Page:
A very different way of seeing the sky.
A very disconcerting series of global temperature maps for each decade since 188.
The story of cryptobenthics – a category of fish that is literally the fast food of coral reefs. They fulfil this role by having roughly 70% of their population on a typical coral reef eaten every week. In a (very real?) sense, the only reason that these fish are not extinct is that they reproduce, hatch and grow quickly enough to replenish their numbers as fast as they are being eaten.
P.S. They “break” the fundamental rule that vertebrate spend most of their life as an adult. Cryptobenthics barely make it to adulthood before they are eaten.
This 1999 essay by Roger Bradbury is an intriguing answer to the question posed by its title.
Unfortunately, I have been unable to find a particularly clean version of the essay on the ‘net. What is available (as of 2019-05-21) is a readable if somewhat grainy PDF of the essay which can be found by Googling for
"just what is science anyway" "Bradbury"
If you get the same results that I got, the second hit will be a link to the PDF file for Roger’s essay.
Regardless of whether or not the above search works, Roger expanded on his answer in what became chapter 2 of the 2006 book Complex Science for a Complex World published by the Australian National University (ISBN 1 920942 38 6). That book is online at the URL below. While the entire book is likely to be an interesting read, Roger’s contribution is chapter two which is titled “Towards a New Ontology of Complexity Science”.
A March 29,
DePalma’s first scientific paper describing his discoveries fails to describe many of the claims made in the New Yorker article. Needless to say, this has the palaeontology community more than a little riled up for at least a couple of reasons – that failing to describe some of the discoveries in scientific terms makes it very difficult for other palaeontologists to vet the claims, and announcing scientific discoveries in non-scientific media is just not done.
Here’s the link to a Macleans’s article describing the controversy: https://www.macleans.ca/society/science/why-this-stunning-dinosaur-fossil-discovery-has-scientists-stomping-mad/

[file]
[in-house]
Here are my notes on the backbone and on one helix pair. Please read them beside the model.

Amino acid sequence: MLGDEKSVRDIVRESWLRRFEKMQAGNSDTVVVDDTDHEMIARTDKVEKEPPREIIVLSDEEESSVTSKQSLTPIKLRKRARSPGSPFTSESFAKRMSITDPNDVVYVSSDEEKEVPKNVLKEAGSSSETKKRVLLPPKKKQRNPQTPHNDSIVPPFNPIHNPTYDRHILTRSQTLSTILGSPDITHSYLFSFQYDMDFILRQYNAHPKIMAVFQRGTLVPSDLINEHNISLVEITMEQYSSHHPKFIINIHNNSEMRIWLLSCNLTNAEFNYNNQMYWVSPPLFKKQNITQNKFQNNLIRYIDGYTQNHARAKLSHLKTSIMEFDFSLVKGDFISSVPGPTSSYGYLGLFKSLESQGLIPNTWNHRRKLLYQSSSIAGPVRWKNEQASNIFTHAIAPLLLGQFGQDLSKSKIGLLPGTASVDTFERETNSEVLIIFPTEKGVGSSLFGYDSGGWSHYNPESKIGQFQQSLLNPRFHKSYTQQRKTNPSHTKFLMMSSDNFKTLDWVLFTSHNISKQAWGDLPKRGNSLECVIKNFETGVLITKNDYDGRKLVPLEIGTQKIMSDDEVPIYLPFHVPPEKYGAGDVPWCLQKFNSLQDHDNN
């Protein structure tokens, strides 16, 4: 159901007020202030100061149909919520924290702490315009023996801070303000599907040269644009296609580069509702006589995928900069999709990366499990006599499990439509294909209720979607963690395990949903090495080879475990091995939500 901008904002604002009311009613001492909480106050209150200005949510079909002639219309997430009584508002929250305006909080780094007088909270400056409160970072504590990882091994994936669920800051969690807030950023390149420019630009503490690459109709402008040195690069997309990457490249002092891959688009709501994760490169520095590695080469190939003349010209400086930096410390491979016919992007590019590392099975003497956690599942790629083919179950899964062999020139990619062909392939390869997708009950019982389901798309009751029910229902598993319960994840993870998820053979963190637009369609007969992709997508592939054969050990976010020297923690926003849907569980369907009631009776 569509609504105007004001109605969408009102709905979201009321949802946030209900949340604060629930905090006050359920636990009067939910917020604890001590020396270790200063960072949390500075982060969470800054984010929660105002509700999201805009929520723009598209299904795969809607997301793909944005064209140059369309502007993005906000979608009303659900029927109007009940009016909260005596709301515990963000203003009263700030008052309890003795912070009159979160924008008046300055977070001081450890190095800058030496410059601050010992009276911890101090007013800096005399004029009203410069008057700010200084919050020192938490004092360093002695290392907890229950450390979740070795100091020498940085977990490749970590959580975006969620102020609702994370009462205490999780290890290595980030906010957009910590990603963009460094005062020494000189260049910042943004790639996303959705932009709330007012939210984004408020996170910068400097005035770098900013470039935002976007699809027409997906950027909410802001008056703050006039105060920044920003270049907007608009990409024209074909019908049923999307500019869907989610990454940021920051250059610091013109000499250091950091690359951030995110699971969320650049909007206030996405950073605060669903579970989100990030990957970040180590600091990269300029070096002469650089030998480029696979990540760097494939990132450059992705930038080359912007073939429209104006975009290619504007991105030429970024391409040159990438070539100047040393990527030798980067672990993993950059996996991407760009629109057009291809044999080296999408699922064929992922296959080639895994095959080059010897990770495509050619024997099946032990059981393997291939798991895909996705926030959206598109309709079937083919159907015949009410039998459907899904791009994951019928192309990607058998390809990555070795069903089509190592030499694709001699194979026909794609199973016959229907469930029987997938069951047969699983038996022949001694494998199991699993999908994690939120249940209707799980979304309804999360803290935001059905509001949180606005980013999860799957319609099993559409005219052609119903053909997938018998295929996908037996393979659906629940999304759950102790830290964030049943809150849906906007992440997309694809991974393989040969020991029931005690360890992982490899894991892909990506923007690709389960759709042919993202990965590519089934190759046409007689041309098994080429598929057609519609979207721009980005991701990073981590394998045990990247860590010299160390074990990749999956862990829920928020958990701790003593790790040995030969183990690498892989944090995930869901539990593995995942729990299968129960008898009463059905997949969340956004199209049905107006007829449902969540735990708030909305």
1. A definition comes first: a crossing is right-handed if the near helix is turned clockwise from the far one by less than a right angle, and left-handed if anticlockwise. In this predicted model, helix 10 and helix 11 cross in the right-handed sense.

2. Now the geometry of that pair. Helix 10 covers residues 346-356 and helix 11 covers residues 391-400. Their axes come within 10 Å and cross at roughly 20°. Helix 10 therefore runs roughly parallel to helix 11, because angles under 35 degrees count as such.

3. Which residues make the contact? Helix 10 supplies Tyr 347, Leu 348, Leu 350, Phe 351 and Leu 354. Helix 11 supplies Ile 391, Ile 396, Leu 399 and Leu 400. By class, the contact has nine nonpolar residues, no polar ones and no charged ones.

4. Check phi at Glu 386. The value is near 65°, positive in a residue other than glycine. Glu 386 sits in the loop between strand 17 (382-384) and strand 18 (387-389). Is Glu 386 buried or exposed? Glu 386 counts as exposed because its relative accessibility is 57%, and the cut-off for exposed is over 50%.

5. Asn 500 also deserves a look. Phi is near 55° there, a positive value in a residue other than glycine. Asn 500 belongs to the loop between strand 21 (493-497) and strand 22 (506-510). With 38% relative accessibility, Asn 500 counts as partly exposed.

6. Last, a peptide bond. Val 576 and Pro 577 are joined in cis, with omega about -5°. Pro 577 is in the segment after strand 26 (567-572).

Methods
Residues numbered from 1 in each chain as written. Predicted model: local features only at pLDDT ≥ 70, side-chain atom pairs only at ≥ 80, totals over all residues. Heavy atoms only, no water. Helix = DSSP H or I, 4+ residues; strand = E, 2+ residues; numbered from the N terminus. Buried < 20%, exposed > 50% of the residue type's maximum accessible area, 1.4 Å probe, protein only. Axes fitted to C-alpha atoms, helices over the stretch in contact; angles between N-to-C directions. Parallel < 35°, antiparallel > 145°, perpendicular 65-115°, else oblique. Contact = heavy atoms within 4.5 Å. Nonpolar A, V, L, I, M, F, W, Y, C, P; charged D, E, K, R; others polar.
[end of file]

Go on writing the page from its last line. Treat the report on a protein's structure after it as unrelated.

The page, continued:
Nature has managed to provide a few surprises to scientists studying our Sun’s gamma radiation characteristics.
It will take the motor, coupled with the sets of reduction gears, 13.7 billion years (the estimated age of the universe) to complete one rotation of the last gear.a sign on the exhibit at the MIT Museum in Boston
The video is dated 2013/06/20. I have no idea if the MIT Museum exhibit is still there.
Banana plantations around the world are under attack for the second time in the past 100 years by the fungus Fusarium oxysporum cubense (Panama disease). The disease causes a banana tree’s leaves to wilt and curl which soon leads to the death of the tree.
This article tells the fascinating story of how the worldwide banana industry switched in the 1950s from the then ubiquitous but susceptible to Panama disease Gros Michel banana variety to the somewhat less flavourful and more delicate but immune Cavendish variety. Unfortunately, history is in the process of repeating itself as the Cavendish variety is now under increasing threat by a different strain of Panama disease . . .
By using concrete of different densities and some careful design, researchers were able to make quite large and quite heavy (up to 1,770kg or 3,900lb) monoliths which one or two adults could relatively easily move around and use to assemble larger structures.
Gene Shoemaker was a scientist who had long dreamed of walking on the Moon. Although he made various significant contributions to humanity’s exploration of space. For example, he co-discovered the Shoemaker-Levy comet that hit Jupiter back in 1994 and his study of meteor impact craters proved quite valuable when the time came for NASA to select Apollo mission landing sites. He also postulated that the end of the dinosaurs might have been caused by an asteroid hitting the Earth. Unfortunately, health issues caused him to be bumped out of consideration to be an Apollo
Shortly after Eugene Shoemaker was killed in an automobile accident in 1997, one of his students suggested that some of his ashes should be placed on the Lunar Prospector probe which was about to be launched on a mission that was planned to end with the probe crashing onto the Moon. Less than six months later on January 6, 1998, the probe, with about 30 grams of Shoemaker’s ashes on board, crashed into the Moon. Shoemaker became the first human to have some of their remains deliberately placed onto a celestial body.